Published: May 2, 2017
Publisher: Tor Books
Genre: Fantasy, Steampunk
Pages: 336 (Hardcover)
Series: Signal Airship #1
My Rating: 4.0/5.0
A copy of this book was provided by the publisher in exchange for an honest review.
The nation of Garnia has been at war for as long as Auxiliary Lieutenant Josette Dupris can remember – this time against neighboring Vinzhalia. Garnia’s Air Signal Corp stands out as the favored martial child of the King. But though it’s co-ed, women on-board are only allowed “auxiliary” crew positions and are banned from combat. In extenuating circumstances, Josette saves her airship in the heat of battle. She is rewarded with the Mistral, becoming Garnia’s first female captain.
She wants the job – just not the political flak attached. On top of patrolling the front lines, she must also contend with a crew who doubts her expertise, a new airship that is an untested deathtrap, and the foppish aristocrat Lord Bernat – a gambler and shameless flirt with the military know-how of a thimble. He’s also been assigned to her ship to catalog her every moment of weakness and indecision. When the Vins make an unprecedented military move that could turn the tide of the war, can Josette deal with Bernat, rally her crew, and survive long enough to prove herself to the top brass?
The Guns Above is the debut novel of Robyn Bennis and somehow I didn’t know about it until Tor emailed me about a review! Such a large volume of SFF books are released every year that I always miss an astounding number of good books. I’m glad I didn’t miss out on this sort of Napoleonic-war era steampunk fantasy!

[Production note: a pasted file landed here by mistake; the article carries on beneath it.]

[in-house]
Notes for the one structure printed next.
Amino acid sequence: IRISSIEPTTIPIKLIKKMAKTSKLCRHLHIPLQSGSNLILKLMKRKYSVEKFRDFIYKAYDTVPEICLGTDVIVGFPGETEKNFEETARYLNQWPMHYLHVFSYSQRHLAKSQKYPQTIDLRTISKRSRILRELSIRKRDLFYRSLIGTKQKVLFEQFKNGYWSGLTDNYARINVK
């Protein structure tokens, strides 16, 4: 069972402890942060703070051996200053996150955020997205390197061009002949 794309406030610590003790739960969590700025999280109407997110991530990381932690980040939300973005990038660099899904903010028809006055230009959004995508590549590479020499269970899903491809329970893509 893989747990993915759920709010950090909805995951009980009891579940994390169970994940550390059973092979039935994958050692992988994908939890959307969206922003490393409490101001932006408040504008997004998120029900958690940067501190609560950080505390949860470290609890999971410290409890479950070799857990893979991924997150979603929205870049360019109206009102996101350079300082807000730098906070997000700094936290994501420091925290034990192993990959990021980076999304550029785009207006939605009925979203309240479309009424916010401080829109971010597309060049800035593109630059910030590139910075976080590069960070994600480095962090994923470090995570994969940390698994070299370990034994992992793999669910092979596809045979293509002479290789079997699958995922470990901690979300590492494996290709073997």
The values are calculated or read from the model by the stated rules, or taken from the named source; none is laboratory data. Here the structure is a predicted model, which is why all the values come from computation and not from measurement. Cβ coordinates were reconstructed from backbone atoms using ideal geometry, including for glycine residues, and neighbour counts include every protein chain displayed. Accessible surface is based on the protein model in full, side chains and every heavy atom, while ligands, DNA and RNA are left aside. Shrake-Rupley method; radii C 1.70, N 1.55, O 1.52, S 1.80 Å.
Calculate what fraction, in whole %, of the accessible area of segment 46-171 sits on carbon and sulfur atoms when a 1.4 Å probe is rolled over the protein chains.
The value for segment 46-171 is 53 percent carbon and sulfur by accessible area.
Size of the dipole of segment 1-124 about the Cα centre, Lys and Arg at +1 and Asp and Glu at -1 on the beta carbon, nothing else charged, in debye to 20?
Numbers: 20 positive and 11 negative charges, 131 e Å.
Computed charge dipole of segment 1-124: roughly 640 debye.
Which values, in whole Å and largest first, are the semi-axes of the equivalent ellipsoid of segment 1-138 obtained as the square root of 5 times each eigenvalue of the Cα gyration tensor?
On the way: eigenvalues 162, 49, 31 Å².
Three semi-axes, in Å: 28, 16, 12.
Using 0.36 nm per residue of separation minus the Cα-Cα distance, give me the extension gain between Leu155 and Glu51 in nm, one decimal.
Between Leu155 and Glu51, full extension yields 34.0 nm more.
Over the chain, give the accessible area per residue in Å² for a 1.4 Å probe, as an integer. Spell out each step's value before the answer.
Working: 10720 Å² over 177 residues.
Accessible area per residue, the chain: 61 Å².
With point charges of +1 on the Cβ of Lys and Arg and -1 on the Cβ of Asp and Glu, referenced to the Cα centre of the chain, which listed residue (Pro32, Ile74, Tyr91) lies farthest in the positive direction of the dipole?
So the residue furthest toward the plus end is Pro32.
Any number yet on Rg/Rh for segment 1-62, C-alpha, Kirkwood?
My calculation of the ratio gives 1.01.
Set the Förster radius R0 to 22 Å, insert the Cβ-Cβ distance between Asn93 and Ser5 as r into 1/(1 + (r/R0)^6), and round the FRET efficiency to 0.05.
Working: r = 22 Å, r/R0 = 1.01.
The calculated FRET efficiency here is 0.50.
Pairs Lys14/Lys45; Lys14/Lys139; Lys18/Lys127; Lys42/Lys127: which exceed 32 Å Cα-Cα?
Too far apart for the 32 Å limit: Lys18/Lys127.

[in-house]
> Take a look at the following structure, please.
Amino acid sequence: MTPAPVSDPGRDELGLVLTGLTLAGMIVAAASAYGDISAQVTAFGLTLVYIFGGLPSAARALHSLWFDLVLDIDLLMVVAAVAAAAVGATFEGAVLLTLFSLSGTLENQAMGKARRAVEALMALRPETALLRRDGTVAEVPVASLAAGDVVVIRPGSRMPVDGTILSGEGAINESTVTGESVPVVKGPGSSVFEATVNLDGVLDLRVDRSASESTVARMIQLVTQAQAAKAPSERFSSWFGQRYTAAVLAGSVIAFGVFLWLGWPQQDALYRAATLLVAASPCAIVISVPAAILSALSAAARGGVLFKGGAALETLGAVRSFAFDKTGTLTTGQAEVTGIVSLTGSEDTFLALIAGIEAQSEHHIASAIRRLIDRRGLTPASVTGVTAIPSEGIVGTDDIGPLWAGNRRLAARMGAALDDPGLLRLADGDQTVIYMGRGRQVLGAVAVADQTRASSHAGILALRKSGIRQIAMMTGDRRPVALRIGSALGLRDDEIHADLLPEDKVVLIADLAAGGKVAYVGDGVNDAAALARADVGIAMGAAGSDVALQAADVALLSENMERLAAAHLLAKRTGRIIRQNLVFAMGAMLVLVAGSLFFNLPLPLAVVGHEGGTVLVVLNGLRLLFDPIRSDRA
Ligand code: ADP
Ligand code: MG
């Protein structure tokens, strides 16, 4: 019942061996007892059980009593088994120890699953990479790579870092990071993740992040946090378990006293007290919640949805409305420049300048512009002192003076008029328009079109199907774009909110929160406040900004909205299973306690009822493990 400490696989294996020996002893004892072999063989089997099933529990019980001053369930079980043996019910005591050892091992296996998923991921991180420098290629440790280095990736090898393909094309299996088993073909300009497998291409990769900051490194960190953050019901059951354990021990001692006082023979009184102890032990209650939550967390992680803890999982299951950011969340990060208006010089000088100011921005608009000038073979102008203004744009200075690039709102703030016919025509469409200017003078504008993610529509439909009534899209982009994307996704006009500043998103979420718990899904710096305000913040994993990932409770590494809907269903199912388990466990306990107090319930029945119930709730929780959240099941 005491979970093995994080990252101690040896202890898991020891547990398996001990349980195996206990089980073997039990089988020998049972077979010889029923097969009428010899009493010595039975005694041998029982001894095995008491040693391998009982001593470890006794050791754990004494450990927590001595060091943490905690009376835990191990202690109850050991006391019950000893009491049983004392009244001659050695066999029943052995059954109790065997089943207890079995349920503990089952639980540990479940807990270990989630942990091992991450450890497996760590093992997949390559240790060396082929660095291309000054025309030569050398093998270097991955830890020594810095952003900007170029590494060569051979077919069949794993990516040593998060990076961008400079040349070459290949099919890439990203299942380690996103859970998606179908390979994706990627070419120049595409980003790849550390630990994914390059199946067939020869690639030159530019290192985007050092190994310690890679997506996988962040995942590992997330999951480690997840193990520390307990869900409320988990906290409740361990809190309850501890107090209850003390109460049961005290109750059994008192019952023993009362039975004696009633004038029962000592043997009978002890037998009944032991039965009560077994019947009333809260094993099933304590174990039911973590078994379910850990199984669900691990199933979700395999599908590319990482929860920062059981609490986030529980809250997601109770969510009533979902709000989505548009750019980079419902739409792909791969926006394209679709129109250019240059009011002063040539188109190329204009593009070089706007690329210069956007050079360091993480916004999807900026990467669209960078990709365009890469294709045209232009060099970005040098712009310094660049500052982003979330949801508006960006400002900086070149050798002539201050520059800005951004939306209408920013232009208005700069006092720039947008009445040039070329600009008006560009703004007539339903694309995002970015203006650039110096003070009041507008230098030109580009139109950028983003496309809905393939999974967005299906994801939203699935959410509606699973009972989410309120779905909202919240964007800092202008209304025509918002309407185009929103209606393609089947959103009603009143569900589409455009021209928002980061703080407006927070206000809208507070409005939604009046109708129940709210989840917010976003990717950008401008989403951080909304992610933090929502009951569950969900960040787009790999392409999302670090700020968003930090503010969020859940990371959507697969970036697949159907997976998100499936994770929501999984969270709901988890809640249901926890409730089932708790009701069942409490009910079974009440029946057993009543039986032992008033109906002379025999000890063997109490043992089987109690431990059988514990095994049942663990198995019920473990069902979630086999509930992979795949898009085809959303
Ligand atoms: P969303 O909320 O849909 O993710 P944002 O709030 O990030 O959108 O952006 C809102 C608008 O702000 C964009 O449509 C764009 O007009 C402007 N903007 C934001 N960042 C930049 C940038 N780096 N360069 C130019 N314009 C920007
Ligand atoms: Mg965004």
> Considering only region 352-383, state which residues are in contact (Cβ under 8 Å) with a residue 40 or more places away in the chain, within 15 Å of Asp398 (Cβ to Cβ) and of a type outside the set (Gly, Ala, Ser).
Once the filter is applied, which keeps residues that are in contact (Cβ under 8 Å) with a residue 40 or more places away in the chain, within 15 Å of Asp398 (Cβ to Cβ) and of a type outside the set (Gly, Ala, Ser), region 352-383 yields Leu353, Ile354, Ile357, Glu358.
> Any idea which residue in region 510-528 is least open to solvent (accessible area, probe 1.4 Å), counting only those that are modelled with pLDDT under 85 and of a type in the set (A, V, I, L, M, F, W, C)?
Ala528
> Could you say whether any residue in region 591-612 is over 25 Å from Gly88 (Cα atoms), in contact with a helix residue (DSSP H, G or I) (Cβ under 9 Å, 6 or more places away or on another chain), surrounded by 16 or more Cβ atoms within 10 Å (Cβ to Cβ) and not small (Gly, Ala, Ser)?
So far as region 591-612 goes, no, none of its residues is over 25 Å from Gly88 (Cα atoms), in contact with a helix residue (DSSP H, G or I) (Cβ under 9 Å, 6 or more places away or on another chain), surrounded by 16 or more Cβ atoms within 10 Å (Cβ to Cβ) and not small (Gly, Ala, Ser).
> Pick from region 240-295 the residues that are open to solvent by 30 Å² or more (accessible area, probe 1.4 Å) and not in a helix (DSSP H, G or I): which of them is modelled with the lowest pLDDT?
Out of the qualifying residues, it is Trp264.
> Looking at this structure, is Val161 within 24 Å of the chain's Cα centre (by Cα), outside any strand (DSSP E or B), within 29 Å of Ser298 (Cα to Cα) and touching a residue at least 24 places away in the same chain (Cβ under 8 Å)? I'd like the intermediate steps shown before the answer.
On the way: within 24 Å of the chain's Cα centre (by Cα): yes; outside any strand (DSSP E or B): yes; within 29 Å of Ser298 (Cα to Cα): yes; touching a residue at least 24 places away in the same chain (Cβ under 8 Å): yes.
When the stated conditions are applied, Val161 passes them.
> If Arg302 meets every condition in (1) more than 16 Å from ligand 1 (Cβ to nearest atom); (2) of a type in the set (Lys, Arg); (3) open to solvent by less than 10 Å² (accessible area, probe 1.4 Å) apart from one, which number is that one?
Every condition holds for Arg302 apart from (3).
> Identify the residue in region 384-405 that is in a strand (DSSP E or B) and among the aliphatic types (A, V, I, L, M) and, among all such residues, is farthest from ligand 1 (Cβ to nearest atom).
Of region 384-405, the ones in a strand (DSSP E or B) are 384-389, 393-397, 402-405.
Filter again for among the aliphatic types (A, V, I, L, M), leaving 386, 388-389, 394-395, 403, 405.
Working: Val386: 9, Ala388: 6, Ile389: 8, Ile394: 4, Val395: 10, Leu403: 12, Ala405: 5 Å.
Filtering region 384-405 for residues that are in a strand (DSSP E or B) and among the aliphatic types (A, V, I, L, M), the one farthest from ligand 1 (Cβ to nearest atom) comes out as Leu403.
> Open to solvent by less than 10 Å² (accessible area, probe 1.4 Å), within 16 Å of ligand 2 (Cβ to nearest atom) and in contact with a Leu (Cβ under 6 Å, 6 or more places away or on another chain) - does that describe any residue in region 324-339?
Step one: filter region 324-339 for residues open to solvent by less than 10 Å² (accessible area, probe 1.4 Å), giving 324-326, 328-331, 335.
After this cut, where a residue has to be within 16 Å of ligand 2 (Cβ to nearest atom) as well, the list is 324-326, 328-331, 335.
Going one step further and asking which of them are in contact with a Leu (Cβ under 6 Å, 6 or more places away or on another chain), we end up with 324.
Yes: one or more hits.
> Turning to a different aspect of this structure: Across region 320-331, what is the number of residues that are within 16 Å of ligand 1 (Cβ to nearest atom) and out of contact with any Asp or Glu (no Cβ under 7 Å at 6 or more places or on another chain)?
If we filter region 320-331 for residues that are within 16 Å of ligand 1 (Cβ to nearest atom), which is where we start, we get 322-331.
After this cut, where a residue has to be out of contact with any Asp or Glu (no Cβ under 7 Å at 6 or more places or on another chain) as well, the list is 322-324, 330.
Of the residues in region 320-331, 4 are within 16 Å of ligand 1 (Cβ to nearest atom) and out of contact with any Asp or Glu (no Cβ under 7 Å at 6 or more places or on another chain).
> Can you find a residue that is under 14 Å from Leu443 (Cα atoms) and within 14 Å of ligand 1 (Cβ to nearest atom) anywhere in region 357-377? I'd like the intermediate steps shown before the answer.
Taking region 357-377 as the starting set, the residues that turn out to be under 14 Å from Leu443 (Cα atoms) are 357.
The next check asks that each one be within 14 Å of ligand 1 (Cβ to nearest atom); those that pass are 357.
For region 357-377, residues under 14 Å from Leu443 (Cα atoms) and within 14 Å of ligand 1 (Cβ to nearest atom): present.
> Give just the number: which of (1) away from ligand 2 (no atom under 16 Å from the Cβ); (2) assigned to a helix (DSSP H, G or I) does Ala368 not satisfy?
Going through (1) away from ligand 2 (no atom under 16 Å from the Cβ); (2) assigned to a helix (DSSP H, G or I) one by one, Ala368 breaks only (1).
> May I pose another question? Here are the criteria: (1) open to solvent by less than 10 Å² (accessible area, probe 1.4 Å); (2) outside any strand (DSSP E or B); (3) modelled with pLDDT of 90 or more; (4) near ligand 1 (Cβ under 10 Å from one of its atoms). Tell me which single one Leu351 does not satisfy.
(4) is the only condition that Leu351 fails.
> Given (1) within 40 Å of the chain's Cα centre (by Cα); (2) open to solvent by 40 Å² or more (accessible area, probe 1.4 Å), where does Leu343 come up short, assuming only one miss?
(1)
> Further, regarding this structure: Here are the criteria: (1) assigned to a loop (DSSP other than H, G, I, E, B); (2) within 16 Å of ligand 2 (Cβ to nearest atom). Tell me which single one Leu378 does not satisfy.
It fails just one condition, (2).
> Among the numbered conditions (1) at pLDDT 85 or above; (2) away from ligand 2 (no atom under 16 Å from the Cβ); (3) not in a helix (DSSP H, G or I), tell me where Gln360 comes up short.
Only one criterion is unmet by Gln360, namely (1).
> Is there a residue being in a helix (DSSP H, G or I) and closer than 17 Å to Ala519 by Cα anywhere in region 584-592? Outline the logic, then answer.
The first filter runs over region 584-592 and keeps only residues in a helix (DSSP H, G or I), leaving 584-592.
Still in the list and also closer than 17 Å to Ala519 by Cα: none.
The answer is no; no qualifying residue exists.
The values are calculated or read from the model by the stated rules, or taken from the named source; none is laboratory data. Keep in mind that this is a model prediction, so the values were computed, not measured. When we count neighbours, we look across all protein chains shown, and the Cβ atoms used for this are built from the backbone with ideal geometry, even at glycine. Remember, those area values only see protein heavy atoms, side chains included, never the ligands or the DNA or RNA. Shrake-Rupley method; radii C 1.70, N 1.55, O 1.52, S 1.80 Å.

The characters were what really made this book stand out. Josette Dupre is the first female airship captain in Garnian history and as such, she’s under enormous pressure to succeed. Lord Bernat is under orders from his uncle General Fieran to make certain that Dupre looks like a failure in the public eye, no matter how successful she is. The two are at odds from the very beginning – Josette would truly like to throw Bernat overboard, but ballast is valuable and not to be wasted even if it does cause trouble. Bernat’s (or Bernie) observations of Josette’s decisions are slanderously inaccurate I found myself affronted on her behalf for the first quarter of the novel. Eventually things settle down between the two and Bernie is a crack shot with a rifle, which makes him useful as more than just ballast.
The plot is also quite good, though without the quality characters and dry humour, I think it would have felt a little stale. The Garnians are in the midst of a war with a neighboring kingdom and the airships are a valuable commodity. Dupre’s ship Mistral is a new design and as the crew runs it through the standard battery of tests, they end up on the front lines of the second front of the war (which isn’t supposed to happen). Enemy engagement, terrifying aerial maneuvers, and a few subplots keep things interesting for much of the book.
Overall, this was good debut and I hope the rest of the series (however long that may be) will be equally good, if not better. I didn’t feel a strong connection to the characters until the latter part of the book which was somewhat disappointing, but by the end I was cheering for the Mistral and her crew. I think the improvement in characterization and story pacing as the book progressed speaks to the potential Robyn Bennis has as a writer and The Guns Above was a debut to be proud of.